Tuesday Press Conference Notes

Coach Sylvester Croom held his Tuesday game-week press conference to discuss the upcoming home contest with Alabama. The Bulldog coach discussed the opponent first, but most of the questions were about the status of quarterbacks Mike Henig and Omarr Conner; whether Conner might see action in another role this week or month; and the mental attitude the Bulldogs are being asked to prepare for this matchup.

Opening comments: "It's Alabama week, we're excited about the upcoming game and playing one of the best teams in the country. It's an exciting challenge for us, they're undefeated and our players are looking forward to seeing how we measure up. Our record of course is not where we want it to be, we've lost two games we felt we should have won the last two weeks. But nothing matters right now but preparing for this game.

"I thought our preparation was good yesterday, we're about as healthy as we normally would be. Some guys practiced on a limited basis yesterday, I expect them to go full-speed today. The only guy we really have concerns about is Keith Andrews, it's going to be touch-and-go. Other than that we're pretty healthy.

"The things we're going to work on this week are trying to eliminate some of the mistakes that have plagued us, especially in the red zone offensively and defensively the last two weeks, and see if we can get those corrected. At the same time our defense has got to get back playing at a level where we can stop good running backs. Because we're playing one of the better ones in the conference, probably in the country, in Kenneth Darby. "We're going to have to have all phases of our game step up and every person on our team has to play at his maximum level in order for us to have a chance to win the game."

Which concerns him more, Alabama's offense or defense: "Well, neither more than the other. I think they're both very effective. They've got a lot of experience on defense, six seniors and four juniors, so those guys have played together for some time. They understand the schemes and know where they're supposed to be, they rarely void coverages and things like that or miss gap assignments. They don't give you anything, you have to block them or run through them. They tackle well and have exceptional speed.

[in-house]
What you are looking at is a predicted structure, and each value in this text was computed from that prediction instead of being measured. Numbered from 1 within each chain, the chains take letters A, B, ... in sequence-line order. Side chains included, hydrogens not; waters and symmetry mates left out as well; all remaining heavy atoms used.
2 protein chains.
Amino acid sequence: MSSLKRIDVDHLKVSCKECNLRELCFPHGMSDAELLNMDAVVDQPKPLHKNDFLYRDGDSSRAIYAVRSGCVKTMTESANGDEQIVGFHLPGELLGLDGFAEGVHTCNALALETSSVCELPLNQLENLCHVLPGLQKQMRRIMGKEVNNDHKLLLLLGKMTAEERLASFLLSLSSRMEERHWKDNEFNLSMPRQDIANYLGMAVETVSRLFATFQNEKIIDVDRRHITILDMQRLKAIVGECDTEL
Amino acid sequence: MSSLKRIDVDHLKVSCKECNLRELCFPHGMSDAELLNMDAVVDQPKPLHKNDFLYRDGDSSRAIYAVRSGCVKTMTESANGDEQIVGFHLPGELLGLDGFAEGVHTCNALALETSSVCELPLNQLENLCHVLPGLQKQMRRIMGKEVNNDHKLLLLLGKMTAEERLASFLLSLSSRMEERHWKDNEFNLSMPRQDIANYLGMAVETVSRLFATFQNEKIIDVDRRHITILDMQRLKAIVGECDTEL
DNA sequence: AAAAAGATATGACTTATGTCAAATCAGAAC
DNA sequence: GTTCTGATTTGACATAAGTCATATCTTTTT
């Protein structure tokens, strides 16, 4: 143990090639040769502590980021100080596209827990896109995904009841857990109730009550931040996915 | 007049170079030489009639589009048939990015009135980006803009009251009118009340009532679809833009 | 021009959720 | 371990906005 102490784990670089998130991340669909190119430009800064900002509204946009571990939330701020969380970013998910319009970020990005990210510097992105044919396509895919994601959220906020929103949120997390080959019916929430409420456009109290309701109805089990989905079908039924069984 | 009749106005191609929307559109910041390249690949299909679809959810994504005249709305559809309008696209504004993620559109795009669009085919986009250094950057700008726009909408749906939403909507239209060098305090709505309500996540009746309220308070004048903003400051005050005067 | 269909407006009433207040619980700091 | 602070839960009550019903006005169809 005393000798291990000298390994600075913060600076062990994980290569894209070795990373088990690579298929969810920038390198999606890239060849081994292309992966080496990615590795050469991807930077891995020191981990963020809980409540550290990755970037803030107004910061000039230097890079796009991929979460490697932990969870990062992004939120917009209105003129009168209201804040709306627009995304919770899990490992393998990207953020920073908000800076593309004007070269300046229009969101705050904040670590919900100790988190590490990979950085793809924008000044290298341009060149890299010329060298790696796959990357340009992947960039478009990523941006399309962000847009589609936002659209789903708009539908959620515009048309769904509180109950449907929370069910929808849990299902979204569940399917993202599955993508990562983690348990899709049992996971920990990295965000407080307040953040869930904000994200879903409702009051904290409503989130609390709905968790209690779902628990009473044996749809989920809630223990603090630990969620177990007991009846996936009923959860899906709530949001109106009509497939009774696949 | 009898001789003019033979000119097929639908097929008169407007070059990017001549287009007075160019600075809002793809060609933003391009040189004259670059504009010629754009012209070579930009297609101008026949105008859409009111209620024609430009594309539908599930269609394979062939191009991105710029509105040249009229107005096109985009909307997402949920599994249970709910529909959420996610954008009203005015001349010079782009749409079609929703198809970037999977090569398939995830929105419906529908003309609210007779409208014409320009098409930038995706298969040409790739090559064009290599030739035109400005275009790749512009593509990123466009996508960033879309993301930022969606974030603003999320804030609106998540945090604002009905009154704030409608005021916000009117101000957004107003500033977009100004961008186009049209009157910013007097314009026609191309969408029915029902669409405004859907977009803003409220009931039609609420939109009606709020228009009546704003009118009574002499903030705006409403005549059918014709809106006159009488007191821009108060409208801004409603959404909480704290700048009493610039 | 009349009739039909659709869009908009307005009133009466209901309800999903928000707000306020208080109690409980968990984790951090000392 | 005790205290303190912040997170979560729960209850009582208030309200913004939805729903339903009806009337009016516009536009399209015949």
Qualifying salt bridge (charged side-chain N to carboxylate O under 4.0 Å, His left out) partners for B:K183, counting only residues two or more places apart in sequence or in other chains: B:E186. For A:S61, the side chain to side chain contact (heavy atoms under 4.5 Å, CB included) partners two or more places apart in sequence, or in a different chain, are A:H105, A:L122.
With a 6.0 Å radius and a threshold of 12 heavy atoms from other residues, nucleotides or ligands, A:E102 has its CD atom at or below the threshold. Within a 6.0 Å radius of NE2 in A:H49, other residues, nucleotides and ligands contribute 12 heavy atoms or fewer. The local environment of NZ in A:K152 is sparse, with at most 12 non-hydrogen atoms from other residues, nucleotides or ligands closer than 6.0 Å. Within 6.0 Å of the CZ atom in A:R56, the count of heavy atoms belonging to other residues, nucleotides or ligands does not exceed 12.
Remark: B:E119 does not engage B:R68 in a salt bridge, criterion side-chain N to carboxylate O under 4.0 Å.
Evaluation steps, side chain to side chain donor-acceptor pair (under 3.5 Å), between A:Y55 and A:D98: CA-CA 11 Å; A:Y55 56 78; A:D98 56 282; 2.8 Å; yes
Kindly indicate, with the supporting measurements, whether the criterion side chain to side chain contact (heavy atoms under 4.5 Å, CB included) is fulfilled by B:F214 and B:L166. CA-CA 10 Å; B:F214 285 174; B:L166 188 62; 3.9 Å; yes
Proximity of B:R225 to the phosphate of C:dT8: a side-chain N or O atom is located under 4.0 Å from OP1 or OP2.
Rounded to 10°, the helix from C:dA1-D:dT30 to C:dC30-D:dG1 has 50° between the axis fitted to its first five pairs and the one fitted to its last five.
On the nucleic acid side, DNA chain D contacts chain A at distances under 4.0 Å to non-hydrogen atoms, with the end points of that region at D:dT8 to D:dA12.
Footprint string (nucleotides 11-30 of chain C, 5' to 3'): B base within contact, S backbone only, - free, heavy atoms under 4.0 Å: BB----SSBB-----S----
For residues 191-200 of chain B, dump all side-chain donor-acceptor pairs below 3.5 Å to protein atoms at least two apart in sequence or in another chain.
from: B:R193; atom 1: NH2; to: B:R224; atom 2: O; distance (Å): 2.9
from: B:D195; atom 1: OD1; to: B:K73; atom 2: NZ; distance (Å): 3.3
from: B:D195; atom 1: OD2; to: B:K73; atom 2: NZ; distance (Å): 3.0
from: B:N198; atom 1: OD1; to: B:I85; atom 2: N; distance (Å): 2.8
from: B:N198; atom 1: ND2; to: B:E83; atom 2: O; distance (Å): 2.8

"Offensively you start with their quarterback and running back. They're very efficient right now because of Brodie Croyle's experience, he's very accurate and has a good arm and is a very heady player. He's not going to make mistakes. Their experience on the key positions on defense and at quarterback and running back I think makes them a good team. They don't do things to beat themselves. Then they have explosive speed and size at wide receiver, I think they brought four of them in the same class two years ago and they're exceptional talents."

Has the Alabama offense changed with the loss of Tyrone Prothro: "I don't think it's changed much at all except for his actual presence. When he was there they did a lot of things to try to get him the football, of course he's the most explosive of them all. But there's not a great talent drop when you go to Keith Brown and the other guys they have there. They're guys are similar to LSU, they've got big guys, tall guys, with exceptional speed. That just shows how good they are, when their best receiver is not playing and they're still a highly-efficient offense."

On Mike Henig's recruitment: "Woodrow McCorvey has a lot of ties in the Montgomery area, we started watching Mike as soon as we came on board here. It took us a while as far as the evaluation process and he had a couple of other offers, and we weren't sure where we were headed there. We had to look at a lot of tape because there were questions about his size and height. Then he had a solid Auburn background, I think he was waiting to see what happened there. But we liked things, particularly the intangibles we saw. Those things have been evident since he's been here and showed up the other night. He is an intense competitor and has a knack for making plays, turning his mistakes into positives."